Red Maple Tree

Named to reflect its brilliant red autumn foliage. Due to its ability to thrive in a wide variety of soils and climates, the Red Maple is one of the most common hardwood trees in North America.

Red Maples can be identified based on the following characteristics:


The Red Maple grows to 60 – 90 feet tall. The bright red fall color derives its name. Grows in both dry and wet soil conditions. Lives up to 150 years.


Eastern North America, extending into Quebec, Ontario, and south into Florida. Found as far west as Minnesota and Texas.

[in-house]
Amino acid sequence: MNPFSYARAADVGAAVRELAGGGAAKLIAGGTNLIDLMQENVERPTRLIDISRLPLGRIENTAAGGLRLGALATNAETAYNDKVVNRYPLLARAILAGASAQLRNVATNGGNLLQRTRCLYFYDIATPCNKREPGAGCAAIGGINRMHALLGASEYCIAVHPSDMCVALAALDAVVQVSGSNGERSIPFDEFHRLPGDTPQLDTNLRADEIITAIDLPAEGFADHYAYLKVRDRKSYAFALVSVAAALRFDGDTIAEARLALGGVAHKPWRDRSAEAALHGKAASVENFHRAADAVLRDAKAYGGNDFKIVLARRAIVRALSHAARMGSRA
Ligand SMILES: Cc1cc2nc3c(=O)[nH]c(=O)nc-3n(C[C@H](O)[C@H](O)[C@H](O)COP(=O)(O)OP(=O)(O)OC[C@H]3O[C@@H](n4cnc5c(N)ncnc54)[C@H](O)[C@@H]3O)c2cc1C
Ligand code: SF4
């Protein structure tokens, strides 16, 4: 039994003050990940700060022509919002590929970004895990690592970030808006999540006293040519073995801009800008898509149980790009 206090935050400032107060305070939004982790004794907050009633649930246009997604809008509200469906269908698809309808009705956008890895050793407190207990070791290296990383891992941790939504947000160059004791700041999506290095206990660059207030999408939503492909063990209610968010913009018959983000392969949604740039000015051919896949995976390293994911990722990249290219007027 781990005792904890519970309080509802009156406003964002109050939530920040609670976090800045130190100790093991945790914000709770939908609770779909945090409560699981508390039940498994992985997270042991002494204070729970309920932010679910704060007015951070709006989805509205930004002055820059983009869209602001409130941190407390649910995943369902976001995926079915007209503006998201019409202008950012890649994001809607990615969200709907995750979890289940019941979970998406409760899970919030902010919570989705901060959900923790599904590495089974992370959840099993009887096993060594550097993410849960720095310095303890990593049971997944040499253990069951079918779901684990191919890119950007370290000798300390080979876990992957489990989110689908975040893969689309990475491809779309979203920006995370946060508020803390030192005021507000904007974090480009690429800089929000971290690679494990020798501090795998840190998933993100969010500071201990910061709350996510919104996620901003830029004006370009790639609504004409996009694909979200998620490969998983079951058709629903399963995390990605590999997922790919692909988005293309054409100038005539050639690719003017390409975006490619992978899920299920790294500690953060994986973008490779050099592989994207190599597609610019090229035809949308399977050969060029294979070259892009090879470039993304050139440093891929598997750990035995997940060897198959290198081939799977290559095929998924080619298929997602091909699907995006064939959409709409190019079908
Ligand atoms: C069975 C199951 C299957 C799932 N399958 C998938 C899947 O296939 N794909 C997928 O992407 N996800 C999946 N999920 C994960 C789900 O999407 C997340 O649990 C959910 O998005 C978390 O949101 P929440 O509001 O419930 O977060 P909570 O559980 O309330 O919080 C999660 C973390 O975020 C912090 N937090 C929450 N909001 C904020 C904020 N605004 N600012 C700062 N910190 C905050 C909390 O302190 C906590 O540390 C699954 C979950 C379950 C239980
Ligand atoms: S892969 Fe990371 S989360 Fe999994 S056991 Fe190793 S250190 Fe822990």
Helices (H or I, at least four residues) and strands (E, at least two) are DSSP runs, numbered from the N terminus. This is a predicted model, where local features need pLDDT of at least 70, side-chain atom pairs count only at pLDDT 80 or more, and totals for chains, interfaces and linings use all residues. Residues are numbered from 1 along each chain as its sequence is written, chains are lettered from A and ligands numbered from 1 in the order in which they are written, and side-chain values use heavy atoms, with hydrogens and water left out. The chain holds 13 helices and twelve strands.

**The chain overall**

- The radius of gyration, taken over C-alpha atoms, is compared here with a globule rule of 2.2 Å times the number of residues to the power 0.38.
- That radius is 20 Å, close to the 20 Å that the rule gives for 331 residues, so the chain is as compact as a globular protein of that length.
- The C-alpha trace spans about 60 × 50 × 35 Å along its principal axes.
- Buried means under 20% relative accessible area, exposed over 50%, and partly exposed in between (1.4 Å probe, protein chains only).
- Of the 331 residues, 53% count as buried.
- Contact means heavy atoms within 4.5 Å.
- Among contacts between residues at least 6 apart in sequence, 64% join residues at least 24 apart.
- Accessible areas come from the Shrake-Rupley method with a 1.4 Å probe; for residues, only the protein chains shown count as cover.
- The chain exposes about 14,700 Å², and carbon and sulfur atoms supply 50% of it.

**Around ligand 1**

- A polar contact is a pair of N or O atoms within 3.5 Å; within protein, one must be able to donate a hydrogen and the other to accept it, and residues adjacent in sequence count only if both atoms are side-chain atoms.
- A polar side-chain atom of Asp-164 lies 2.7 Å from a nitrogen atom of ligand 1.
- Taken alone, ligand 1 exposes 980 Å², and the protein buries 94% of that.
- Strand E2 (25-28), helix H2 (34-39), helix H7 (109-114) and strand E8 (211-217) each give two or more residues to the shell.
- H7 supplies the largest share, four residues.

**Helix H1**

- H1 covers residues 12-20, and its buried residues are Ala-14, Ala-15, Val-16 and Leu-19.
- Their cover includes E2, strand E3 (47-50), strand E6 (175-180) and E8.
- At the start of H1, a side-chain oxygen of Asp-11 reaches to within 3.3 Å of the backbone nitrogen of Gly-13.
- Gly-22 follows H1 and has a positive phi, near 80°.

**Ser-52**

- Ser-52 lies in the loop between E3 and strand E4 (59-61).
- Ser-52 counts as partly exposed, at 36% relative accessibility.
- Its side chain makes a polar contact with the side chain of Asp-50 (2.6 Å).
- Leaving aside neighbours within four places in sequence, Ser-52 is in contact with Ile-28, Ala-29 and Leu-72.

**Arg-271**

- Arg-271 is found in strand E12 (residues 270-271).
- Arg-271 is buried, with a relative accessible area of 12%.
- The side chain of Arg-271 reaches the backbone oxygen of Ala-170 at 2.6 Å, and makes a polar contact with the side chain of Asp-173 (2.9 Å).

The bark on young trees is light grey and smooth. On mature trees, the bark is darker, with grey or black ridges and narrow, scaly plates.


The leaf is 2 – 6 inches wide, usually with 3 lobes. The margins of the leaf contain small, sharp teeth. The mature leaves are light green with a whitish underside.

Twig / Bud

The twig is slender, shiny, and reddish in color. Buds are blunt, clustered, and 1/8—1/4 inch long.


The V-shaped, double-winged fruit develops in clusters, and is ½ – 1 inch long. The fruit matures in the spring (as opposed to the fall for a Sugar or Black Maple).

Content on this page is reproduced with permission from the Cornell Maple Program and Massachusetts Maple Producers Association.